About Citizizen Science

This blog is a summary of various news items and pointers on how scientific research is being transformed by new web 2.0 tools, web services and Service Oriented Architectures (SOA). Not only will this transform science through the development of cyber-infrastructure and eSceince but it will enable greater participation by students and the general public in the scientific process in the analysis of data and control of instruments

Wednesday, January 14, 2009

Science 2.0: New online tools may revolutionize research

[Excellent article on how Web 2.0 tools are transforming science. The 2 projects mentioned have been funded by CANARIE in the latest NEP program amongst a total of 11 similar projects . For more examples of how web 2.0 is revolutionizing science please see my Citizen Science Blog. Thanks to Richard Ackerman for some of the FriendFeed pointers. Some excerpts from CBC website– BSA]


Citizen Science


Described as an extension of the internet under the ocean, the Venus Coastal Observatory off Canada's west coast provides oceanographers with a continuous stream of undersea data once accessible only through costly marine expeditions. When its sister facility Neptune Canada launches next summer, the observatories' eight nodes will provide ocean scientists with an unprecedented wealth of information.
Sifting through all that data, however, can be quite a task. So the observatories, with the help of CANARIE Inc., operator of Canada's advanced research network, are developing a set of tools they call Oceans 2.0 to simplify access to the data and help researchers work with it in new ways. Some of their ideas look a lot like such popular consumer websites as Facebook, Flickr, Wikipedia and Digg.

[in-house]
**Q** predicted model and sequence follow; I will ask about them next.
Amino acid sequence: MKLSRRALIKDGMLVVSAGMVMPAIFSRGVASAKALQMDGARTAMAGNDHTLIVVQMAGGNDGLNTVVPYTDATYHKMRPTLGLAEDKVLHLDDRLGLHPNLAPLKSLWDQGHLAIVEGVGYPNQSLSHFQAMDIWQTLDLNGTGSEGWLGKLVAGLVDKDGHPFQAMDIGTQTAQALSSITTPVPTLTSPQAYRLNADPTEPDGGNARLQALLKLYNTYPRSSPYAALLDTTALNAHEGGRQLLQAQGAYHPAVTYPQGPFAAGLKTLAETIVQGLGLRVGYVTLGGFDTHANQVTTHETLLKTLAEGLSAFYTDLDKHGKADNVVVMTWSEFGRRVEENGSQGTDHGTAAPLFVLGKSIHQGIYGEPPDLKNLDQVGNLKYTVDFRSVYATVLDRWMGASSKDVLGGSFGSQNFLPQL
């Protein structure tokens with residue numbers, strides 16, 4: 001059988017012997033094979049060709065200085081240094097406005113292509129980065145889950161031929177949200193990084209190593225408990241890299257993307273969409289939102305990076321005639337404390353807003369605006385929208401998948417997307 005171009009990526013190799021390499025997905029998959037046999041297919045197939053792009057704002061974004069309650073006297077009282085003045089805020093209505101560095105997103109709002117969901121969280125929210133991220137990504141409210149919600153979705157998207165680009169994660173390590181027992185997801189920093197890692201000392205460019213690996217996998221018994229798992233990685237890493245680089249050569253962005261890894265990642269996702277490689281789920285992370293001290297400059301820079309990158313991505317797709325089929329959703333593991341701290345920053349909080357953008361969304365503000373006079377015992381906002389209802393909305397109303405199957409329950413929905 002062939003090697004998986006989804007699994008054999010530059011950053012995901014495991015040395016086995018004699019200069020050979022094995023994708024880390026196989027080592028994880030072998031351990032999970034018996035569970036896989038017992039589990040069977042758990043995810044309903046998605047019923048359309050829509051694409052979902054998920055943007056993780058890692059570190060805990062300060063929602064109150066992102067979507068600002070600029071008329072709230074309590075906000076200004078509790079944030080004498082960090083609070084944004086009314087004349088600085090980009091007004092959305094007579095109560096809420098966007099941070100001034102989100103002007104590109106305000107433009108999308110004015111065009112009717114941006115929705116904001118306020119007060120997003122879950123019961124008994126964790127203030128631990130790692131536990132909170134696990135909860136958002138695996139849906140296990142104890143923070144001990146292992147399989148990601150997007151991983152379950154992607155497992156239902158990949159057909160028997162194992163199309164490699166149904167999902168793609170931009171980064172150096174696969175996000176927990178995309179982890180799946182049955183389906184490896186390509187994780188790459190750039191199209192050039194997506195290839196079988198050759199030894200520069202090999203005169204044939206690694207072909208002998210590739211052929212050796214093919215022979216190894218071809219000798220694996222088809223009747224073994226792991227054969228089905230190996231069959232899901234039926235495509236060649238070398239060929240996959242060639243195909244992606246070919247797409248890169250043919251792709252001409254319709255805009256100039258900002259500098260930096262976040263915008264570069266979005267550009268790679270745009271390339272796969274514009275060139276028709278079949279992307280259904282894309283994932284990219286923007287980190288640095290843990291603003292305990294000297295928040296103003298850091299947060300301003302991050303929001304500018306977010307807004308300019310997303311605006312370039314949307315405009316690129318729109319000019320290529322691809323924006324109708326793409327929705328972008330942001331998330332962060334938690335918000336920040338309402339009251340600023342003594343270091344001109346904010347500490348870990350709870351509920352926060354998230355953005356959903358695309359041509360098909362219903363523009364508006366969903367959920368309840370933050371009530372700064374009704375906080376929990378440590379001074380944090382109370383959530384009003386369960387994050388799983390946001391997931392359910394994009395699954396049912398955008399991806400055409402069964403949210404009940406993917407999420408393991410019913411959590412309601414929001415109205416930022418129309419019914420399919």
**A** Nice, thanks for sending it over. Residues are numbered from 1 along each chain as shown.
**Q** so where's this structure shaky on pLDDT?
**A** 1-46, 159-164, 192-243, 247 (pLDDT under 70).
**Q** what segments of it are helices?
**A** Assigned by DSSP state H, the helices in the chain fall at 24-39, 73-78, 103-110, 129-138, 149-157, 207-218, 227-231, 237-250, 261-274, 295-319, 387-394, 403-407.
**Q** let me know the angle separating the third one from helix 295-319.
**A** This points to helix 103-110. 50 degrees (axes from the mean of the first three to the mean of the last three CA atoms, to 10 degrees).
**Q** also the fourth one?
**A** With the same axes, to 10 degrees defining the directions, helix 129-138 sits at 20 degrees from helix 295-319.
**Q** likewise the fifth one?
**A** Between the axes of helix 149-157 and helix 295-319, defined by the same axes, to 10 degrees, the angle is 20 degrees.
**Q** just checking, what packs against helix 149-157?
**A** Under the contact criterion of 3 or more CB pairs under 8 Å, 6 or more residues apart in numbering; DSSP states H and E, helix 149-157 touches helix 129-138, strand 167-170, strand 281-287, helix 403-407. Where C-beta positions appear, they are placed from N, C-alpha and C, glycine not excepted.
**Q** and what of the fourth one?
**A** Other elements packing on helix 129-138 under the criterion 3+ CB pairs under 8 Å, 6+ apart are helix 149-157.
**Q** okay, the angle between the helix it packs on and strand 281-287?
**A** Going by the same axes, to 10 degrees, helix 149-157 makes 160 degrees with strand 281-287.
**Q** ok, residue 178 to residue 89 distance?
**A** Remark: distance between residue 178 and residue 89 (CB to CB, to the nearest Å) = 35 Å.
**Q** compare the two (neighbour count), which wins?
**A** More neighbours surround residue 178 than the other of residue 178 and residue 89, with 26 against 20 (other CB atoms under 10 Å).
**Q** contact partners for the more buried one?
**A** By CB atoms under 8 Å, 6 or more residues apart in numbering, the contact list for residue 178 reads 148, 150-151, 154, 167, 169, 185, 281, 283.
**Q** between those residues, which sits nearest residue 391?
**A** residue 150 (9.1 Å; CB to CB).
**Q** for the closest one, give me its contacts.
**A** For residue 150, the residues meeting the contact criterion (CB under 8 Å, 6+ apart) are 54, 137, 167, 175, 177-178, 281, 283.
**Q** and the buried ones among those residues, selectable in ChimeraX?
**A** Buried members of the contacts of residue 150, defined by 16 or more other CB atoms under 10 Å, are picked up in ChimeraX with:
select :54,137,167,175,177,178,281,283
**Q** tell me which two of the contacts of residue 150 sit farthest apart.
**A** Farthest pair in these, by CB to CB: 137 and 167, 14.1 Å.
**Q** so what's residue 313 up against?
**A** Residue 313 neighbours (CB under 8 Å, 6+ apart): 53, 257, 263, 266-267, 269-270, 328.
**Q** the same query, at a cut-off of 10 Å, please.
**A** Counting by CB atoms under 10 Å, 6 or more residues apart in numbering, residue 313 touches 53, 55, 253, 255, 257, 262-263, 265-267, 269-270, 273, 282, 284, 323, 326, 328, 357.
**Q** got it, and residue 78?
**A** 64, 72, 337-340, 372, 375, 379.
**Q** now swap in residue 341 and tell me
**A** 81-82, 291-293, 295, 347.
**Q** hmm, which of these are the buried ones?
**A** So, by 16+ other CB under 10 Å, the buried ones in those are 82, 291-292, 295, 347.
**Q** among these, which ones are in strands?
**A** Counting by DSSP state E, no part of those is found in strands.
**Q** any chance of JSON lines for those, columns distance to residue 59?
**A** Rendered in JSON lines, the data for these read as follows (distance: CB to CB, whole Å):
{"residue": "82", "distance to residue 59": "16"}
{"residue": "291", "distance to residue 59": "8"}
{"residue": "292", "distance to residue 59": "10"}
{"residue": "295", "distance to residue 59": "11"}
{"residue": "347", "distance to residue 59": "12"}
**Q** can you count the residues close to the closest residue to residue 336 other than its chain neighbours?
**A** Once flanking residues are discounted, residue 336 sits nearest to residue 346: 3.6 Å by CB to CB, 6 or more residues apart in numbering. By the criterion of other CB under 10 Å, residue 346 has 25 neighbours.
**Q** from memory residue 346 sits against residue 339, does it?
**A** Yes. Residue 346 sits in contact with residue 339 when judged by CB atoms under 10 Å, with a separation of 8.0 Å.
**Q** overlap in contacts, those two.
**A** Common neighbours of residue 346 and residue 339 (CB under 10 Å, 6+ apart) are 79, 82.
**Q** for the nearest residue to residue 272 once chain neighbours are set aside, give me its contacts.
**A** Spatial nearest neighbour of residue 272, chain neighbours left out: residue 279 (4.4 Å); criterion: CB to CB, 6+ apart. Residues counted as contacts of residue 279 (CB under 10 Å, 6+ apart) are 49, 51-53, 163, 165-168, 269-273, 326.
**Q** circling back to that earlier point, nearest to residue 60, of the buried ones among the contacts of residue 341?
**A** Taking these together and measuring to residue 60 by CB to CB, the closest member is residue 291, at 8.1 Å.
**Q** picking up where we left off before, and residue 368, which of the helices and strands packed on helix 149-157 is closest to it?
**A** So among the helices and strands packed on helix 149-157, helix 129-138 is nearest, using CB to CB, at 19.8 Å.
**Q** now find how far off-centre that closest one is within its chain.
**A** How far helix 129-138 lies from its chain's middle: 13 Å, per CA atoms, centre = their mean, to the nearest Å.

And they're not alone. This set of online interaction technologies called Web 2.0 is finding its way into the scientific community.
Michael Nielsen, a Waterloo, Ont., physicist who is working on a book on the future of science, says online tools could change science to an extent that hasn't happened since the late 17th century, when scientists started publishing their research in scientific journals.
One way to manage the data boom will involve tagging data, much as users of websites like Flickr tag images or readers of blogs and web pages can "Digg" articles they approve. On Oceans 2.0, researchers might attach tags to images or video streams from undersea cameras, identifying sightings of little-known organisms or examples of rare phenomena.
The Canadian Space Science Data Portal (CSSDP), based at the University of Alberta, is also working on online collaboration tools. Robert Rankin, a University of Alberta physics professor and CSSDP principal investigator, foresees scientists attaching tags to specific data items containing occurrences of a particular process or phenomenon in which researchers are interested.
"You've essentially got a database that has been developed using this tagging process," he says.
If data tagging is analogous to Flickr or Digg, other initiatives look a bit like Facebook.
Pirenne envisions Oceans 2.0 including a Facebook-like social networking site where researchers could create profiles showing what sort of work they do and what expertise they have. When a scientist is working on a project and needs specific expertise — experience in data mining and statistical analysis of oceanographic data, for example — he or she could turn to this facility to find likely collaborators.